Billy Hale

Billy Hale joined the research group as a postgraduate (PhD) student in 2015, after having earned an MChem degree from the University of Southampton. His research is focused on studying live systems in microfluidic perfusion by NMR.


Ali Yilmaz

Ali obtained his PhD from the University of Copenhagen in 2012, working on NMR metabolomic observations. After a first postdoc at SUNY Buffalo, he joined the Utz research team at Southampton in 2014. His main research interests include microfluidic systems, metabolomics, and micro-fabrication techniques for biocompatible microdevices.


Marcel Utz


Marcel obtained a MSc in materials science from ETH Zürich in 1994. He then joined the research groups of Prof. Ueli Suter in Polymer Science, and of Prof. Richard R. Ernst in Physical Chemistry at ETH as a doctoral candidate. In 1998, he obtained his doctorate, with a thesis on solid-state NMR investigations of glassy polymers under plastic deformation. In 1999, he joined the group of Prof. Pablo DeBenedetti at Princeton University as a postdoc, with a stipend from the Swiss National Science Foundation. A year later, he joined the Institute of Materials Science and the Department of Physics at the University of Connecticut as an Assistant Professor. He was promoted to Associate Professor with Tenure in 2006. In the same year, he moved to the University of Virginia, where he joined the department of Mechanical and Aerospace Engineering. In 2012, Marcel moved to the UK, joining the School of Chemistry at the University of Southampton. He was promoted to a personal chair in 2014. He currently heads the section of Magnetic Resonance within the School of Chemistry. Marcel lives in Winchester, UK, with his wife Song and their son KangKang.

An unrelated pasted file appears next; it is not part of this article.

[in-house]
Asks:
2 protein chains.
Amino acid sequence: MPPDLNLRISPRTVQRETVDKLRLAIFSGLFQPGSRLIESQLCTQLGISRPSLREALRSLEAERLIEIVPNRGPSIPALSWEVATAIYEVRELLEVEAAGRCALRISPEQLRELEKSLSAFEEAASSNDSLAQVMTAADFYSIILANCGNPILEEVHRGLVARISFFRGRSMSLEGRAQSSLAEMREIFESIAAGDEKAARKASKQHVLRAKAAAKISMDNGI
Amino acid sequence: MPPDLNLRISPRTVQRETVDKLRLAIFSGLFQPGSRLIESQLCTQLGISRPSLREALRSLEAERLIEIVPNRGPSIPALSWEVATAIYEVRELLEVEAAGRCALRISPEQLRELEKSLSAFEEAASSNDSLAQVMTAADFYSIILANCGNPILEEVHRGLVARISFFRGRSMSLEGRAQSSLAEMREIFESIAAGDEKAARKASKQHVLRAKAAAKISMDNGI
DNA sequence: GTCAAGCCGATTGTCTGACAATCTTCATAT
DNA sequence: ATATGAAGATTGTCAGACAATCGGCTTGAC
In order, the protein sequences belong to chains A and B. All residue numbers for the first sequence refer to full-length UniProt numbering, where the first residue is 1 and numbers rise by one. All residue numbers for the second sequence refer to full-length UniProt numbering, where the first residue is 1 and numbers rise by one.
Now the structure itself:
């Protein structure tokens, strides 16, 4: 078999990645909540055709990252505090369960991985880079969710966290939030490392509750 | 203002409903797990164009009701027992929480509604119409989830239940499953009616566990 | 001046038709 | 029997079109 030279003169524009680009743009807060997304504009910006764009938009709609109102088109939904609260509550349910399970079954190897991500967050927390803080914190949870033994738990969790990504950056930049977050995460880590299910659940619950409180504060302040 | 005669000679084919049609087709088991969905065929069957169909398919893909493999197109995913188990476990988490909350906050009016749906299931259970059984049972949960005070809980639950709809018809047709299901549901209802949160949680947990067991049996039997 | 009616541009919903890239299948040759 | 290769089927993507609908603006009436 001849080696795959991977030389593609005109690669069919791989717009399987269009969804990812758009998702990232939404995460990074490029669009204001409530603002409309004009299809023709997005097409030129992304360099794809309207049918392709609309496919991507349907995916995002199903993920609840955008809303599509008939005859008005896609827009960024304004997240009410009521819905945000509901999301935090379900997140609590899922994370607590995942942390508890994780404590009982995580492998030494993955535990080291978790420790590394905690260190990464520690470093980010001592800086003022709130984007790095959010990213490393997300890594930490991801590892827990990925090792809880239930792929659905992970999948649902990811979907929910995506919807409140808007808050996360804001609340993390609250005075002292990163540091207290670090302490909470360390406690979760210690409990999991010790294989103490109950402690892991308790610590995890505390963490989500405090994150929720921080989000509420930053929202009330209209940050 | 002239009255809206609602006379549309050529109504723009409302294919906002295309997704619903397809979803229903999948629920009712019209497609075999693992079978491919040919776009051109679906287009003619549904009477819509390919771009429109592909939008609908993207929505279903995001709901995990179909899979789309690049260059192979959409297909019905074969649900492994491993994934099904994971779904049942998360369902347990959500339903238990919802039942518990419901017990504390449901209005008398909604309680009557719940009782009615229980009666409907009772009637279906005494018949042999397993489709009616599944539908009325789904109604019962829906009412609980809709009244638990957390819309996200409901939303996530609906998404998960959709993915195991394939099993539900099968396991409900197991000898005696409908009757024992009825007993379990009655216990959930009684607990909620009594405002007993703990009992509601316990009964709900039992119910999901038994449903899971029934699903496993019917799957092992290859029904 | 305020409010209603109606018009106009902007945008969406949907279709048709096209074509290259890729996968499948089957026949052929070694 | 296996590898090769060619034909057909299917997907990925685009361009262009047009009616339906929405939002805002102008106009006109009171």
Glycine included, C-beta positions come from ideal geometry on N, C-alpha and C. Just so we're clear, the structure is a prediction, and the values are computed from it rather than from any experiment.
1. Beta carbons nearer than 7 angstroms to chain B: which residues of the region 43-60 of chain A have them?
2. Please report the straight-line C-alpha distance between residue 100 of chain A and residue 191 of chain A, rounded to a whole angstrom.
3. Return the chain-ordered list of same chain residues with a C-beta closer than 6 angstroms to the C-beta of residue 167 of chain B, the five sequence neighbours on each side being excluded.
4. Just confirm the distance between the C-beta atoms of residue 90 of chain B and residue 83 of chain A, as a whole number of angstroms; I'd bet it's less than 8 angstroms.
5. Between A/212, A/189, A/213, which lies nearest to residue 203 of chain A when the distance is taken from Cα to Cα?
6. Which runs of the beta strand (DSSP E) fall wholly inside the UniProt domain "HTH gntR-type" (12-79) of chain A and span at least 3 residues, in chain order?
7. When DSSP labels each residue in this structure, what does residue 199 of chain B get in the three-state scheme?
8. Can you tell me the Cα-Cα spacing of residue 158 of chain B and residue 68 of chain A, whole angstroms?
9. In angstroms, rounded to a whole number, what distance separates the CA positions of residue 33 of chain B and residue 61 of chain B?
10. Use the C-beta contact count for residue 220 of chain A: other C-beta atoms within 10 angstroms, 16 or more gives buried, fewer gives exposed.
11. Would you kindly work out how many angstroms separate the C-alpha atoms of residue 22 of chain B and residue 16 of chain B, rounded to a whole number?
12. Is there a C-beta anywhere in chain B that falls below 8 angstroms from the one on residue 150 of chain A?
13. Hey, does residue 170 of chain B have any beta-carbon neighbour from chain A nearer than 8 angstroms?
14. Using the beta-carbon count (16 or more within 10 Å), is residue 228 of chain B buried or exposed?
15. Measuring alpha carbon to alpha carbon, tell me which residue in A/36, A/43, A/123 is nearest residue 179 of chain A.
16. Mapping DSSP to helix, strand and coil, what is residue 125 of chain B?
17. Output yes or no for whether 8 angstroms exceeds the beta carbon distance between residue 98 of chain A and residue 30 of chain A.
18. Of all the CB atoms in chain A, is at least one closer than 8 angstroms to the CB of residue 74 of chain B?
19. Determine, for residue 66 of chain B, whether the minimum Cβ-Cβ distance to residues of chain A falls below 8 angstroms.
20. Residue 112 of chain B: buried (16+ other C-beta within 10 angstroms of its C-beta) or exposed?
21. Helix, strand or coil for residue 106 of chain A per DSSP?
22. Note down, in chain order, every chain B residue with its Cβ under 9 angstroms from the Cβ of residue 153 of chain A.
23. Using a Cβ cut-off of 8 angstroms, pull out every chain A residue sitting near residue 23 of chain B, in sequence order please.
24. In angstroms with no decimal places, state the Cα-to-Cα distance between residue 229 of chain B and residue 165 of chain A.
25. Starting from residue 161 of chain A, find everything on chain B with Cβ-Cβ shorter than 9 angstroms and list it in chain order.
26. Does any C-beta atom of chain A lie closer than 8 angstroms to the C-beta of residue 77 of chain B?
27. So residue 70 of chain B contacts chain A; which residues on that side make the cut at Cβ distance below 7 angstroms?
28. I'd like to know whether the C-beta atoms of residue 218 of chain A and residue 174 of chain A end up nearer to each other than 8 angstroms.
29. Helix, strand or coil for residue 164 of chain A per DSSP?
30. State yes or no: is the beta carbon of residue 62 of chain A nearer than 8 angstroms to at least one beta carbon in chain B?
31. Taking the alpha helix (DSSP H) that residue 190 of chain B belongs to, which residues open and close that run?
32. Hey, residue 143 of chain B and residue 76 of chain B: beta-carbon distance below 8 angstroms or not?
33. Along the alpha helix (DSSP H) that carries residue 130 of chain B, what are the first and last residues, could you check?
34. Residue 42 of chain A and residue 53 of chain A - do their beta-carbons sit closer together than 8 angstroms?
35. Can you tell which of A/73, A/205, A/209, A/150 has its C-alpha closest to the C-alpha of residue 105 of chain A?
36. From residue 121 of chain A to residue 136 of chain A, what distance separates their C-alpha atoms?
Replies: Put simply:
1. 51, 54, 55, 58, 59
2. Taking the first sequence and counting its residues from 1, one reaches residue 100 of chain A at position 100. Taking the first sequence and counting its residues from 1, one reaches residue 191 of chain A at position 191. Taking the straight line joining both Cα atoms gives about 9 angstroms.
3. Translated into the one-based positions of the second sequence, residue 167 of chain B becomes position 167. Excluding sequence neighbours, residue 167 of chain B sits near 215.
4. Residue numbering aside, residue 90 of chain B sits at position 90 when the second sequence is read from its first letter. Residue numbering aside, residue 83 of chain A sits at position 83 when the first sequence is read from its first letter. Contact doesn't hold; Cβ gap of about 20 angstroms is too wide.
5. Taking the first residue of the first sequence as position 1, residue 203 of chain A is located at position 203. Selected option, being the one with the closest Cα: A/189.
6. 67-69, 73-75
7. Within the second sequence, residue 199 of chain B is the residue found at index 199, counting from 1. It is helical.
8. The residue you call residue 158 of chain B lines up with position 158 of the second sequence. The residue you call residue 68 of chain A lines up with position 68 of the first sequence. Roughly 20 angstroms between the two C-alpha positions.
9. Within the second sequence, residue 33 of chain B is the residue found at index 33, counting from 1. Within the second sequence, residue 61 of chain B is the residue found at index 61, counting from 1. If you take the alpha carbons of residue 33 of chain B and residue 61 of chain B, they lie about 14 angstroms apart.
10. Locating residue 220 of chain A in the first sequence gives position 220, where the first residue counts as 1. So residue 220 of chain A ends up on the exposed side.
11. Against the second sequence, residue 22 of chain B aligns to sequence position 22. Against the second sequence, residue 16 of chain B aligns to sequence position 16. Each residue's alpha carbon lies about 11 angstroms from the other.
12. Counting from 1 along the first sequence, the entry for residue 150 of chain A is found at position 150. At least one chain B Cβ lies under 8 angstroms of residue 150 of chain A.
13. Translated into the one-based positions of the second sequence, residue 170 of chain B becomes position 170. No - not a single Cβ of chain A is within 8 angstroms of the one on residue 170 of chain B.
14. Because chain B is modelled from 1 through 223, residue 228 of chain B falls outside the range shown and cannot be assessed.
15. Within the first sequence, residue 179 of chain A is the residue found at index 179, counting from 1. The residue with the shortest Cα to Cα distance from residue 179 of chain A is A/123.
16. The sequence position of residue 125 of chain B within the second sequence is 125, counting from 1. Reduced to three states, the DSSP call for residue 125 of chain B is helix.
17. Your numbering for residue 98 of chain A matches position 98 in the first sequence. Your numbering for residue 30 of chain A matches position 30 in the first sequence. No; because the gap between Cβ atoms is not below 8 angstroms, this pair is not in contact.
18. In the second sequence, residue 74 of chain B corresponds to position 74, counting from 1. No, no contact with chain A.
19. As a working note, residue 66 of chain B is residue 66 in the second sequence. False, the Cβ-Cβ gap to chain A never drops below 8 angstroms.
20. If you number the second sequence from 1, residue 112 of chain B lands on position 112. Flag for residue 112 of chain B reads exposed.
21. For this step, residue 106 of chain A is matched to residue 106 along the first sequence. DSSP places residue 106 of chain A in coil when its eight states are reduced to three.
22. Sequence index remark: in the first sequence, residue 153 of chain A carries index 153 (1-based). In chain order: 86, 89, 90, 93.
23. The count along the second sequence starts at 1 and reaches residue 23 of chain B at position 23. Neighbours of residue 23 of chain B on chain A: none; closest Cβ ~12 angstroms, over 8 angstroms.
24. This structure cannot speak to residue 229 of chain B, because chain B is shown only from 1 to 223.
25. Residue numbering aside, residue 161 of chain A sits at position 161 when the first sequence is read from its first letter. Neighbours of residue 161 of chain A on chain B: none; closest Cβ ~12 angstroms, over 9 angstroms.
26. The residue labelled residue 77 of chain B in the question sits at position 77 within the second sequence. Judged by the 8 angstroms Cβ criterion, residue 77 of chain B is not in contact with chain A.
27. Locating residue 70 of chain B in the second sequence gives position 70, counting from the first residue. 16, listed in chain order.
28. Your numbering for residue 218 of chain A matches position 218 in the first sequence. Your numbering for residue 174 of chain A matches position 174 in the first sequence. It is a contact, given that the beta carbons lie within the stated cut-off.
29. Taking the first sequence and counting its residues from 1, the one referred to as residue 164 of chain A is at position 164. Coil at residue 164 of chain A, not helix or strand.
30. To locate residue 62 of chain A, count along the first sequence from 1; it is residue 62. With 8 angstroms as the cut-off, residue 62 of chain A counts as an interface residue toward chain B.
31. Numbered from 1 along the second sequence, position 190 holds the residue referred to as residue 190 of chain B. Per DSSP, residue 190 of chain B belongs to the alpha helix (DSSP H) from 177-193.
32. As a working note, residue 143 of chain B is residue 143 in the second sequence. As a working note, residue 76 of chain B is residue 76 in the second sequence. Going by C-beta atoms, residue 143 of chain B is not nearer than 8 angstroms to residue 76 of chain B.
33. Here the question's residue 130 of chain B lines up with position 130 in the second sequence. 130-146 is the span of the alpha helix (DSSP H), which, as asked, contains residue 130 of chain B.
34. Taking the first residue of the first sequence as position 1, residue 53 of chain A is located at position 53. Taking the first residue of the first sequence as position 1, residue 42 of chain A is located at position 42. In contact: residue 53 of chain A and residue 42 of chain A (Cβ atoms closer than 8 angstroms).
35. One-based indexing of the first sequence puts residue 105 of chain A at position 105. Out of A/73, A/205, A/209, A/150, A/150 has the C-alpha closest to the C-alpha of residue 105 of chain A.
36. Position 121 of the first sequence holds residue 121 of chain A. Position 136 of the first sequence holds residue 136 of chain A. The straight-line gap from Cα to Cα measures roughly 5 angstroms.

Research Interests

Our main focus lies on the integration of microfluidic lab-on-a-chip technology with NMR spectroscopy and imaging. We believe that there is great potential for NMR in the context of LoC devices, due to its versatility, resolution, and non-invasive nature, which make it an ideal tool to study complex living systems.

In addition, we are also interested in the behaviour of complex materials. Recent examples of this include polyelectrolyte hydrogels and brick-and-mortar type micro-composites.